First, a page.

The proliferation of digital technologies already has led to fundamental changes in how people work, innovate, engage and produce. Increasingly, we live in an era where more and more roles are becoming automated, not only routine menial tasks but—thanks to digital versions of human intelligence—traditional white-collar jobs. As a result, the jobs of the future will be defined by qualities and skills that technology cannot replicate.
Ironically, these include things like empathy, intuition, teamwork and social skills—the very qualities that growing up glued to devices and screens have stunted in our nation’s younger workers. As George Brooks, Americas Leader, People Advisory Services at EY, put it at a recent roundtable discussion co-sponsored by EY, “Technology is robbing us of empathy. We send out one-way information in social media to be liked, to look good, or to be the first one to share something, but we’re not receiving information back. We have a whole generation that has no concept of a conversation, of getting disappointing feedback. So, there’s a massive lack of empathy.”
At the same time, those young employees have expectations around their roles and their work environments. They seek out companies with a purpose that resonates with them and with work environments that offer them flexibility and the freedom to be who they are—not who the company wants them to be—in the workplace. These expectations are coming at a time when the employment model itself is changing, with employers embracing new sources of labor, including contingent employees (who come and go on an as-needed basis), digital employees (robots) and mobile employees (who work without a designated office space).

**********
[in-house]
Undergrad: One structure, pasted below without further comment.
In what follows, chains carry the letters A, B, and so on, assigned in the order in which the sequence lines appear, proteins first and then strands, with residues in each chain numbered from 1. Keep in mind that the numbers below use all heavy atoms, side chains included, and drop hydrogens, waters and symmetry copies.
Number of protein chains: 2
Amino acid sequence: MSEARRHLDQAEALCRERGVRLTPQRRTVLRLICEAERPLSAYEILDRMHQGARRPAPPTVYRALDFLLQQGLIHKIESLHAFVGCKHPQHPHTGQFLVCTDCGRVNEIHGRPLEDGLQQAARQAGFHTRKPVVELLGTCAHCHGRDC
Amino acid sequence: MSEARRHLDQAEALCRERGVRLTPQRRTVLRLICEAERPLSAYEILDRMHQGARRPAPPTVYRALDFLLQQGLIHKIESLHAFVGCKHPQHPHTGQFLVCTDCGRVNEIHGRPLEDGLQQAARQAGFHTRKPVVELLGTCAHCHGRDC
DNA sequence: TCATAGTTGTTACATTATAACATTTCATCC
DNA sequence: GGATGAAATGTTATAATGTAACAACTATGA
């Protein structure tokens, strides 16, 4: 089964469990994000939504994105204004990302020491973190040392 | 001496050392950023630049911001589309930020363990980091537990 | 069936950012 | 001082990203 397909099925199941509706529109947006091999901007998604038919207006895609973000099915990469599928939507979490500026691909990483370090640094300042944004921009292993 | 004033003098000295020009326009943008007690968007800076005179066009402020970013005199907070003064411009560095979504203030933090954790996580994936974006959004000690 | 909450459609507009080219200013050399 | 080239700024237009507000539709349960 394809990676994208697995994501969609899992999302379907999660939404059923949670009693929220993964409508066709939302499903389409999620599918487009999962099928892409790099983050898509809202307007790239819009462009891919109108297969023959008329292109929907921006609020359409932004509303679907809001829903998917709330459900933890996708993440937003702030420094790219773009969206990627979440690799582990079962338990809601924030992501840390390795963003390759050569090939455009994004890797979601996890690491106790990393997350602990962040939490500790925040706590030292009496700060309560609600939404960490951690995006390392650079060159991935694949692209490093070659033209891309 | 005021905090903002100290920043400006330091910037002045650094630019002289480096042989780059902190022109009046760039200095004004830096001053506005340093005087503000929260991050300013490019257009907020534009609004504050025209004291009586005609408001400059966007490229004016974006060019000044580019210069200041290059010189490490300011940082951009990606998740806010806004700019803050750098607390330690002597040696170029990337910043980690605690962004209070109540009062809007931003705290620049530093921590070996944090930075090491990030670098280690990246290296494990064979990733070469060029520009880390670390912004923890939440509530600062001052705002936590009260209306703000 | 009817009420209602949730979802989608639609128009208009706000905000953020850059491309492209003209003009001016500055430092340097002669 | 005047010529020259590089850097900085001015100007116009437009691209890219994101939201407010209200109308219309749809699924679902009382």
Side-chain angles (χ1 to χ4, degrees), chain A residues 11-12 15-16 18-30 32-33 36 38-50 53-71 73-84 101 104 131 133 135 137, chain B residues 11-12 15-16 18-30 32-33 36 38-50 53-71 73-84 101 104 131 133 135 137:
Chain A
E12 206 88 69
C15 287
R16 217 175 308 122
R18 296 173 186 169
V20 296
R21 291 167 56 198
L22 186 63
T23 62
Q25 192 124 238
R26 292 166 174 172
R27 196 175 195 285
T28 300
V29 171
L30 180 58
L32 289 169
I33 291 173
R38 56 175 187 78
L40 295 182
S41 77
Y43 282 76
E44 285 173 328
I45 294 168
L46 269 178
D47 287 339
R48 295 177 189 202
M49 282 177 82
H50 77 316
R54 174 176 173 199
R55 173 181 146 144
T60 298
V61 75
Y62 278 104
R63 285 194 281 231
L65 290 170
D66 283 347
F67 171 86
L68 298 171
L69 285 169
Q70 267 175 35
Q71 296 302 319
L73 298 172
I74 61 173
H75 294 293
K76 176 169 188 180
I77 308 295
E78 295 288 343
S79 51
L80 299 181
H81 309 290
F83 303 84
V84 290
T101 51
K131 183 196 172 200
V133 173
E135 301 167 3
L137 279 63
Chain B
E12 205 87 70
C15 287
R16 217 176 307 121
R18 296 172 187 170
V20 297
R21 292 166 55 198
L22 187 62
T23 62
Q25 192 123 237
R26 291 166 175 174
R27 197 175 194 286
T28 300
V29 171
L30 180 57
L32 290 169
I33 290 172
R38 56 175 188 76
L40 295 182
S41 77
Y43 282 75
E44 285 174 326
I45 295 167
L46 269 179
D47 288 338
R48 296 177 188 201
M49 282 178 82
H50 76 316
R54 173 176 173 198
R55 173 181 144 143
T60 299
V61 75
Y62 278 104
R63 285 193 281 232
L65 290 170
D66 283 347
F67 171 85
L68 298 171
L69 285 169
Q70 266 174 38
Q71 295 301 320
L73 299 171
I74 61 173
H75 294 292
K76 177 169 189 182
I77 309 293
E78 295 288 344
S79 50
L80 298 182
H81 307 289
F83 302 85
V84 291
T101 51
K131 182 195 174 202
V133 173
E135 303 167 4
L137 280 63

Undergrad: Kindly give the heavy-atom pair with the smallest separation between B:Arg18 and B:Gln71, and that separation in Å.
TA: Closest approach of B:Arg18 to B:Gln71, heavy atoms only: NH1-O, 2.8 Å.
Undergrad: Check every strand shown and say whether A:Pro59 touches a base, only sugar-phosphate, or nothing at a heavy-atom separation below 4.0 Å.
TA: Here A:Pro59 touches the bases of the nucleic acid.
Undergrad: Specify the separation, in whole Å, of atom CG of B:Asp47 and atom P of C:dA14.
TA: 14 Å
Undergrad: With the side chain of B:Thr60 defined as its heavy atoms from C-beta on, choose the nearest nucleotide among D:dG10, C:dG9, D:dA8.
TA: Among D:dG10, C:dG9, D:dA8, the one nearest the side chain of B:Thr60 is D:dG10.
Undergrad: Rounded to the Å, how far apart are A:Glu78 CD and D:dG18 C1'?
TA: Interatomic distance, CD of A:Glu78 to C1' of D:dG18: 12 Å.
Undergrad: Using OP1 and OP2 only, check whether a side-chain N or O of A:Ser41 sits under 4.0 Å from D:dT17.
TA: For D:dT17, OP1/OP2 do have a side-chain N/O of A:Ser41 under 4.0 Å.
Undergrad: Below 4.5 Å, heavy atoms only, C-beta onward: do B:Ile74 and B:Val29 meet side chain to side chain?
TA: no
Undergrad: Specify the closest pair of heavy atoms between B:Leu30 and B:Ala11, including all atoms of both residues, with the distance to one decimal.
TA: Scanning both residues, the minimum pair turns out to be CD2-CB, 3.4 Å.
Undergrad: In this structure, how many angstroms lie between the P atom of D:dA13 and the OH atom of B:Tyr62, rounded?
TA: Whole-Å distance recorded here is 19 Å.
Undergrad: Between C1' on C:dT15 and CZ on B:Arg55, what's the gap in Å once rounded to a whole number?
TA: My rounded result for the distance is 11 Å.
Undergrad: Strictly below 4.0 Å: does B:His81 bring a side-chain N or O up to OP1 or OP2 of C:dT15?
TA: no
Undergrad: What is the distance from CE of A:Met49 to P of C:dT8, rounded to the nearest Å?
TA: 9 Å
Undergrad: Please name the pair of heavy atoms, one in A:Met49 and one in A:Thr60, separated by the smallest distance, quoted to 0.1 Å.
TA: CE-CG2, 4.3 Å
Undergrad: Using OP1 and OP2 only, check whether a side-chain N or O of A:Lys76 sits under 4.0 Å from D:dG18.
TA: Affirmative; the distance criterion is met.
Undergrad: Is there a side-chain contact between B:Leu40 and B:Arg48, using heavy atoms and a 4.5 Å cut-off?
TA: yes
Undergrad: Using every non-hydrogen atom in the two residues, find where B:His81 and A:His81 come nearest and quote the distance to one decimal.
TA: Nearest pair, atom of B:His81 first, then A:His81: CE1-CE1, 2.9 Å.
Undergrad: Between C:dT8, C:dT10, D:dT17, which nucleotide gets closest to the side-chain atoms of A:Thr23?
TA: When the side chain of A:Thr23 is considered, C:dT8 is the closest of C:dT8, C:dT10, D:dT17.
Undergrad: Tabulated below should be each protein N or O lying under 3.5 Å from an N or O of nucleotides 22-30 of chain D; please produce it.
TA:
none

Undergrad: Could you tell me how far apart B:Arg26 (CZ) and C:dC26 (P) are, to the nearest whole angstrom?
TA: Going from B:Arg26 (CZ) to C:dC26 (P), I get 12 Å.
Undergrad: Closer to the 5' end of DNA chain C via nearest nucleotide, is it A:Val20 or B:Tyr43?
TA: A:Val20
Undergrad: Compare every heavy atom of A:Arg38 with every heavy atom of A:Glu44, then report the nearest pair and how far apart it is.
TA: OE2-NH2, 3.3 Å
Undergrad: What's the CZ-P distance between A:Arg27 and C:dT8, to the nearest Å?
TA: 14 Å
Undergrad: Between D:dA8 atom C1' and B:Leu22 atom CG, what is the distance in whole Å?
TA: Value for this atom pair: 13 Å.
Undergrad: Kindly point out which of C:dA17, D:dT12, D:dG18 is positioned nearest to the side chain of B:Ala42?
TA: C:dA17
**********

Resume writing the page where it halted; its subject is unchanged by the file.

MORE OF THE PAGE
What’s more, as the digital revolution streamlines value chains, organizational boundaries are beginning to disappear, with siloes being broken down so that work is being done collaboratively across functions. Collectively, these changes take a toll on employees, who must cope with 24/7 streams of information coming from all directions at once.
These are just some of the megatrends companies must adapt to in order to navigate digital transformation, noted Brooks. “There’s a whole new set of levers to drive business productivity and be an employer of choice today,” he explained, pointing to things like collective purpose, mind clarity, physical environment, technology experience and performance and rewards as talent-management issues that companies need to get their arms around. “Whether you’re trying to create better ‘teaming ability,’ to move into digital or to improve innovation, these are the new levers that will take you to the results you need.”
Already, more and more companies are recognizing that new ways of working call for rethinking both workspaces and work methods. Many are responding by adopting open-plan offices designed to foster collaboration by removing barriers between employees and biophilia-inspired work spaces, incorporating natural light and materials to foster creativity and reduce stress. Others are looking for ways to help employees increase productivity by taking proactive steps to address work-related stress and anxiety.
Ford Motor Company, for example, recently launched mindfulness classes aimed at helping employees cope with overstimulation in the workplace. “We received feedback from our employees that they needed some kind of outlet to help them focus to concentrate,” recounted Michelle Puccio, global HR leader, who said the company responded with mindfulness classes and coaching. “It’s been a tremendous benefit to our employees, and another byproduct has been innovation. The clarity they’re getting from mindfulness actually helped them stimulate innovative new concepts.”
In introducing mindfulness training, Ford joins an impressive roster of companies conducting similar programs, including Google, Target, General Mills and Aetna. The classes and coaching offered are geared toward improving employee productivity, helping employees stay on task and reducing “techno-stress.”